It’s a few weeks later and we are in the throws of a Presidential election with consequences so vast on either side. I gladly call myself a liberal, and to me, Trump winning signals the end of democracy as we know it, as I see him as much more of a Hitler than a Roosevelt. But for many of my sane loved ones who voted for Trump, they have a similar fear of socialism, and they feel that voting in Biden may mean the end of their own version of democracy. The stakes are high and the battle lines are drawn and the whole world watches with eager anticipation. Me, I have an undercurrent of anxiety that won’t seem to go away.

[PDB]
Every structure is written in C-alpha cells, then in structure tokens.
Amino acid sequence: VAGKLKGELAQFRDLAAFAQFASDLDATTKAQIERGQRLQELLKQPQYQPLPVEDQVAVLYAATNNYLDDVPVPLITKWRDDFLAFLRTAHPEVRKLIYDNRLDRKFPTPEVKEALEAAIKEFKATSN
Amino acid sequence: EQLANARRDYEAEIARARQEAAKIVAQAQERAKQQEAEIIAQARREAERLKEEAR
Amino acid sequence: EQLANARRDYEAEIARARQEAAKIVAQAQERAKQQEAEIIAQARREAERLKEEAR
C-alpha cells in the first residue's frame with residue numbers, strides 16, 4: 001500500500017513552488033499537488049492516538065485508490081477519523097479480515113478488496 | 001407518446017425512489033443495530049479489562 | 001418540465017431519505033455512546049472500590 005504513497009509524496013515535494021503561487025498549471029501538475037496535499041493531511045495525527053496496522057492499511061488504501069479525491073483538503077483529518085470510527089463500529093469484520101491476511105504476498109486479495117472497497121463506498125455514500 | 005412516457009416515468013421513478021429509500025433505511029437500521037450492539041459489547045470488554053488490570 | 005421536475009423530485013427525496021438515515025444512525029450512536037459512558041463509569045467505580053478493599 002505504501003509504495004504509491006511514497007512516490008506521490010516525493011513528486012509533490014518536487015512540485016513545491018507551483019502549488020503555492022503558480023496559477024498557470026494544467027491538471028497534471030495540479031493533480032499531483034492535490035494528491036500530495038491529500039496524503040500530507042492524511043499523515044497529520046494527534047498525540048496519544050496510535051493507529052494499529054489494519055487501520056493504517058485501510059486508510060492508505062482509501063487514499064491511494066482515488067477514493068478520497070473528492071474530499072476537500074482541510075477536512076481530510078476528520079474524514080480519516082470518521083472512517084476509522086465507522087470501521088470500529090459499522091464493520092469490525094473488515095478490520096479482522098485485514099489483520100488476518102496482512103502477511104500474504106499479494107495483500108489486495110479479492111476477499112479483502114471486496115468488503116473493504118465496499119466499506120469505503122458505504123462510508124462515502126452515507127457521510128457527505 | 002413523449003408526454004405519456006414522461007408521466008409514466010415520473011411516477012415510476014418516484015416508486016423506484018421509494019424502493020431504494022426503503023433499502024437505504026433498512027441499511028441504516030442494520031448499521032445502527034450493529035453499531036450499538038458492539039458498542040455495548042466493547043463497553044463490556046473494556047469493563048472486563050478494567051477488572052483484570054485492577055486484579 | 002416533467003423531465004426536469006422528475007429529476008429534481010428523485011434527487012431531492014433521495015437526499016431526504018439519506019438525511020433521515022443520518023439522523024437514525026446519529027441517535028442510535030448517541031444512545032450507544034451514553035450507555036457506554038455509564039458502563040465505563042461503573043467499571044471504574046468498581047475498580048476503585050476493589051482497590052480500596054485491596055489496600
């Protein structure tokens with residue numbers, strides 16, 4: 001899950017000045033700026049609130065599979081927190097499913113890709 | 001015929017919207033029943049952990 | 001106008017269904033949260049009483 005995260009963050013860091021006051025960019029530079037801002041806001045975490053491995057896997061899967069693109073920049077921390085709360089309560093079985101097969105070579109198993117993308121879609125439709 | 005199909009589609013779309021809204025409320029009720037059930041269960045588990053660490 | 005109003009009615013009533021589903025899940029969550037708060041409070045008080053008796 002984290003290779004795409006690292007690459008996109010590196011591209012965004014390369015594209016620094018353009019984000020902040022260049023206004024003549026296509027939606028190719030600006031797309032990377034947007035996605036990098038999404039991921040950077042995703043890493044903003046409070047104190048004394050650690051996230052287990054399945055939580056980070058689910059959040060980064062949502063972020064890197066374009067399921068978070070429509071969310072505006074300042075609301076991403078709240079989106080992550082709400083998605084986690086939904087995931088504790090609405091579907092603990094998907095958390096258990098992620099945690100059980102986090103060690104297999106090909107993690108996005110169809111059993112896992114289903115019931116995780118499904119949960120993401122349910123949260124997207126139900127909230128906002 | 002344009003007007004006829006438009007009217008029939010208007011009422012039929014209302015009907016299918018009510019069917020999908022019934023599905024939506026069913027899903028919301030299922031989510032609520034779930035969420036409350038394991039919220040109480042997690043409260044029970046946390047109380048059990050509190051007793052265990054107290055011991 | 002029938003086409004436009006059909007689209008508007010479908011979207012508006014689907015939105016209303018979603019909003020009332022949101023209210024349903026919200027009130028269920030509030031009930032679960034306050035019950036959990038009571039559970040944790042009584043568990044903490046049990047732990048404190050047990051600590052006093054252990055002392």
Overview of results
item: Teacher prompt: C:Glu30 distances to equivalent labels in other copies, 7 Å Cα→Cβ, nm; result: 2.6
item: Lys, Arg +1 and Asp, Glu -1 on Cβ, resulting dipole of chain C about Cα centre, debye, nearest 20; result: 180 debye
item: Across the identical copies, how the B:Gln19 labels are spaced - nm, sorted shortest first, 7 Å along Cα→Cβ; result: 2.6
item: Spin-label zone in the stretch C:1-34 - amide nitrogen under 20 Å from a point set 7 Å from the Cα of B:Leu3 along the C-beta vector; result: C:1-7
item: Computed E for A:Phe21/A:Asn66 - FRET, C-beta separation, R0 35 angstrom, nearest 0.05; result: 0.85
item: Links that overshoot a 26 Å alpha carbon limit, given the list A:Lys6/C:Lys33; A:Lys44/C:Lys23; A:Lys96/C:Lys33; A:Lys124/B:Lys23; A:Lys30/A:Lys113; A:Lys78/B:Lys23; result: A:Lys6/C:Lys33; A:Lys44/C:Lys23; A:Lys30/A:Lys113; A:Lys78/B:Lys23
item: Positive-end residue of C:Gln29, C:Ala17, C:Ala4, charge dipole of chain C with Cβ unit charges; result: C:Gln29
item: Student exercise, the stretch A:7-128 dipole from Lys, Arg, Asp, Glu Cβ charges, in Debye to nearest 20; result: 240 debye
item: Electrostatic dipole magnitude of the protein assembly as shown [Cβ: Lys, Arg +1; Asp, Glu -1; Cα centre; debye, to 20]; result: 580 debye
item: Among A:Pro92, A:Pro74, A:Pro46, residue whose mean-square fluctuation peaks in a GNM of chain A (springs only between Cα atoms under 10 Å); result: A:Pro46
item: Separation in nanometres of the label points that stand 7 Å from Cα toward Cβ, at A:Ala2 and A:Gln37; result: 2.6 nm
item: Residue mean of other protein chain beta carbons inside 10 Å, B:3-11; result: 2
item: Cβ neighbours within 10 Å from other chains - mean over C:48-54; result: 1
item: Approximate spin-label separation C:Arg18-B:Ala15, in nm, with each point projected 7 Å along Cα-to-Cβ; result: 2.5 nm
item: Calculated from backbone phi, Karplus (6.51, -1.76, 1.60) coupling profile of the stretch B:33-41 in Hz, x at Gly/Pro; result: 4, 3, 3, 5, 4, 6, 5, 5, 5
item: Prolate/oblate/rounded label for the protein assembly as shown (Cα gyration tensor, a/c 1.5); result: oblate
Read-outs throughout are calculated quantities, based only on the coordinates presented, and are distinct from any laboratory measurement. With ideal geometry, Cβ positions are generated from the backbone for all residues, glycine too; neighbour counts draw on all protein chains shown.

It’s a few weeks later and the puppy is a slightly bigger puppy, who is playful and tired, sweet and aggressive in equal measure. We are absolutely enamored of him. The house needs a lot of attention and set-up and it has come to feel like a refuge for all of us in many ways. The kids are falling into a consistent routine. We made a happy little Halloween for us right there in our home, and we plan to do the same for the upcoming holidays.
And so six plus months have passed, and we have grown into new people. And we will continue to do so. But I find the best tool to combat all of this, the best thing to make it all okay, remains that routine, that daily focus on making life okay for all of us one day at a time. With that, we can use the optimism and consistency to recognize the people we are becoming. And, with all things, trials do their best to tear us down, and it is our skills in climbing back up that teach us new things about ourselves.
I hope when all this madness emerges that me and my family emerge from the ashes stronger and more hopeful than when we went into the fire.